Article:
During the Under the Same Sun: Art from Latin America Today exhibition in New York, the Guggenheim’s Nisma Zaman interviewed Carlos Motta about art projects of his related to cultural activism, and his thoughts on other artists in the exhibition.
How do you define yourself as an artist in relation to political activism, and in terms of style?
I have never described myself as an activist, because I think social activists are people who are engaged in active fights for social justice through pragmatic goals, with the aim of transforming society. I have thought of my work as cultural activism, however, because I’m interested in using alternative forms of representation as small interventions into the larger narratives of art and history.
I have never been interested in having a very specific artistic style, or in producing work that might be identified as mine. I am interested in responding to very specific contexts, and in making works that have something to say about particular issues, and which are thus not only political gestures, but also responses to aesthetic concerns.
When did you meet Under the Same Sun curator Pablo León de la Barra and how do your interests align around your exhibition work?
I met Pablo ten years ago in New York through a friend in common. I have since been following the ways in which he’s become increasingly interested in Latin American art and culture, his travels around the region, and his diligent thinking about and mapping and studying of what constitutes a Latin American artistic practice in the difficult, paradoxical, and contradictory times in which we live.
Pablo and I have been aware of each other and in conversation for a while. He has shown special interest in my takeaway timelines and chronologies. I imagine Brief History of US Interventions in Latin America since 1946—which he included in the exhibition and which was acquired for the collection—served him as a kind of historical, contextual, and political backdrop for the larger narratives presented by other works in the show.
How do you relate to other artists in the exhibition and which of them influenced the development of your work?
Luis Camnitzer and Alfredo Jaar are very important influences for me. They are not only rigorous conceptual artists, but have also, like me, consistently addressed Latin American politics from the perspective of immigrants to the United States. I identify with that condition or identity strongly, geographical and cultural distance having given me a peculiar place from which to speak.
Alfredo Jaar is perhaps the artist in the exhibition whose work I have looked at the closest. His inquiries into the relationship between politics and aesthetics, and into the ethics of photography, have been formative to my work. Camnitzer’s operative distinction between American/European conceptualism and the use of conceptualist strategies within Latin American practices has greatly contributed to a discourse and context for the discussion of the social and political contexts that Latin American artists have dealt with.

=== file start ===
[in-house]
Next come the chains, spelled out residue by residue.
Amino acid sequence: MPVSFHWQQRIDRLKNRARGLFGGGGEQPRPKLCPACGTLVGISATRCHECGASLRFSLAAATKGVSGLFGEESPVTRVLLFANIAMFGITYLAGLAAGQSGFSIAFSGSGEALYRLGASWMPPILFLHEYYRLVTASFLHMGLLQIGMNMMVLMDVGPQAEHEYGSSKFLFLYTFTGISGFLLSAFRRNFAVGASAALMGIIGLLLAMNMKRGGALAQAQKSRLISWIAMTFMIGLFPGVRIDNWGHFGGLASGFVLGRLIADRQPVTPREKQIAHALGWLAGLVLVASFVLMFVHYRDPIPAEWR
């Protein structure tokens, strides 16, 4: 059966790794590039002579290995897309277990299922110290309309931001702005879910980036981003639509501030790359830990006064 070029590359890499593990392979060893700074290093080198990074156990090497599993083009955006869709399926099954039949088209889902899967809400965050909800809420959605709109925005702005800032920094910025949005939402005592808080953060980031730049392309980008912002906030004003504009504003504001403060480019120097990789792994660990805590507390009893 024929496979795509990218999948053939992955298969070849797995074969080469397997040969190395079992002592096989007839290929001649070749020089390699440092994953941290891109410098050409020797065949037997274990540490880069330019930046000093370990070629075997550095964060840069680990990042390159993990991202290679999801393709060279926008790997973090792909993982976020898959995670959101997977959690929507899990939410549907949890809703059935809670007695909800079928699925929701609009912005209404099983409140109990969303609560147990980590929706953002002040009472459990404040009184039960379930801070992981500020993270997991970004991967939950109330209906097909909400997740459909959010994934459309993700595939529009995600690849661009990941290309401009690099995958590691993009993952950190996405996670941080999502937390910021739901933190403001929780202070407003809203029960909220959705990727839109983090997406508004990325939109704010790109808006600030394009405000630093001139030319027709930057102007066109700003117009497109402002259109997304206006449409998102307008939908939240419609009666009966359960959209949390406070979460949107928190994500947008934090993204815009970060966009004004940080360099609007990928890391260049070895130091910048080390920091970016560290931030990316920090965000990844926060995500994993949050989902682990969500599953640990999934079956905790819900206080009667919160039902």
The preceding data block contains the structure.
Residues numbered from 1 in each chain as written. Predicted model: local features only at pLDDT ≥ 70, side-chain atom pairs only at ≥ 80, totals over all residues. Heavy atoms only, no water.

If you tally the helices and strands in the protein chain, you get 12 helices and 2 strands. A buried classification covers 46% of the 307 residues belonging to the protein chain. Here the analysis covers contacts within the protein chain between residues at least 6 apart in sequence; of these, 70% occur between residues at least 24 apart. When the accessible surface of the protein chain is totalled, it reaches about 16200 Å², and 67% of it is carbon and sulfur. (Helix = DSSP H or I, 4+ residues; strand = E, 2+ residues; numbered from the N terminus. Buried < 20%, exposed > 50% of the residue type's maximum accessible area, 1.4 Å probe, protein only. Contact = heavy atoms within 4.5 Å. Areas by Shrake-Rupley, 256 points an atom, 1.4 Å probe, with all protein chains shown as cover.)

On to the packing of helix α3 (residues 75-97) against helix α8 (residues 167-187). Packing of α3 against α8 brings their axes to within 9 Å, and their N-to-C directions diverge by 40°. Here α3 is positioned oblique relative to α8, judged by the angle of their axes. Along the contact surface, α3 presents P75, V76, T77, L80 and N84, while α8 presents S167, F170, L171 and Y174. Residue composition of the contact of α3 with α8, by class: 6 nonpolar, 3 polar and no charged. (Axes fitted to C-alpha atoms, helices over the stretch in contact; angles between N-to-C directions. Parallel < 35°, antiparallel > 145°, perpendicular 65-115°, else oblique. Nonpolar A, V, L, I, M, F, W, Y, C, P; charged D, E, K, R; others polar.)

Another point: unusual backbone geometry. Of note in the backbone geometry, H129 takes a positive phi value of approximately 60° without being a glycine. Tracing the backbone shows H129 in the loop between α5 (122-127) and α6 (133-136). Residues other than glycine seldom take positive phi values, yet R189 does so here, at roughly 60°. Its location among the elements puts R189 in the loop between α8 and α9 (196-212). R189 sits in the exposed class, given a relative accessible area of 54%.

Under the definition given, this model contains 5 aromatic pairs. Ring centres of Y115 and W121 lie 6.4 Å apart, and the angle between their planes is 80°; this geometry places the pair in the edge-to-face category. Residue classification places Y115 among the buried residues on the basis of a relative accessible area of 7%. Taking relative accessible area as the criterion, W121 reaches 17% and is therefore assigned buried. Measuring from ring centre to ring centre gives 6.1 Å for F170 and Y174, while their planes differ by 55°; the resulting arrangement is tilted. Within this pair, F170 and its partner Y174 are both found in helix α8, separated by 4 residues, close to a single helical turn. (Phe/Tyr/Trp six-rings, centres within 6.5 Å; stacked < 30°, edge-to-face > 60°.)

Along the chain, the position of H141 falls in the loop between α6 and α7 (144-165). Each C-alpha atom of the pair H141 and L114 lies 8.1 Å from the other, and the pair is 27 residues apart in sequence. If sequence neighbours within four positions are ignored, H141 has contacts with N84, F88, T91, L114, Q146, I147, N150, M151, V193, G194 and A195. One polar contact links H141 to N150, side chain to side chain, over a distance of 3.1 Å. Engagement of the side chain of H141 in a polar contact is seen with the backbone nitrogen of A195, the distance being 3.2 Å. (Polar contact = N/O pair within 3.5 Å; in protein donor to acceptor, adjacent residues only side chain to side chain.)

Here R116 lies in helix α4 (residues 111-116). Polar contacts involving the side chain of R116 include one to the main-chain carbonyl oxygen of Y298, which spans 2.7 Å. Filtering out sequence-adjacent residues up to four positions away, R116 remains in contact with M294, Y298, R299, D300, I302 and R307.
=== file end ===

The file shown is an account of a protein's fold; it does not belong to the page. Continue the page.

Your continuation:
How have you collaborated with other artists on works related to the exhibition’s themes?
A relevant work to this exhibition is the publication and exhibition project El Futuro dura para siempre (The Future Lasts Forever), which is very much in line with Pablo’s idea of revising Latin American stories and histories. Produced in collaboration with Runo Lagomarsino, it presents a series of commissioned texts and artworks that attempt to think of the future of Latin America from postcolonial and decolonial perspectives, in terms of geopolitics and history but also from other less obviously political areas such as emotional space, the space of dreams, and the space of the imagination.
The respondents included Beatriz Santiago Muñoz, Carla Zaccagnini, Alexander Apóstol, and Walter Mignolo. We were interested in inviting them to work through the impossibility of producing theses about the future. Runo and I wanted them to feel as comfortable imagining a dystopian vision as a utopian one, or denying the idea of the future as something that can be constructed as opposed to an accumulation of the effects of past and present occurrences.
You are focusing increasingly on gender politics in your work—Nefandus Trilogy at the Cartegena Bienial, for example. How has this transition taken place?
Nefandus Trilogy marked a new direction in my research and aesthetic. It is a body of work that speaks about homoeroticism in pre-Hispanic times in Latin America. I wanted to understand the ways in which sexuality was constructed during the conquest and colonial years in Latin America, thinking about how the body, desire, and pleasure respond to specific European epistemological demands as contingently constructed categories.
I am also interested in the ways that sexuality has become one of the most polemical issues of our time, and I actively want to contribute to the writing of alternative histories of sexuality. We live in a strange time, in which sexual politics have turned towards a wave of assimilation and normalization, and in which there is a tacit acceptance that uncritical inclusion in existing and inherently discriminatory and problematic institutions such as marriage and the military is the way to go. While I recognize there has been a degree of social progress, I want to insist in thinking of alternative and perhaps less conformist ways to achieve to social change.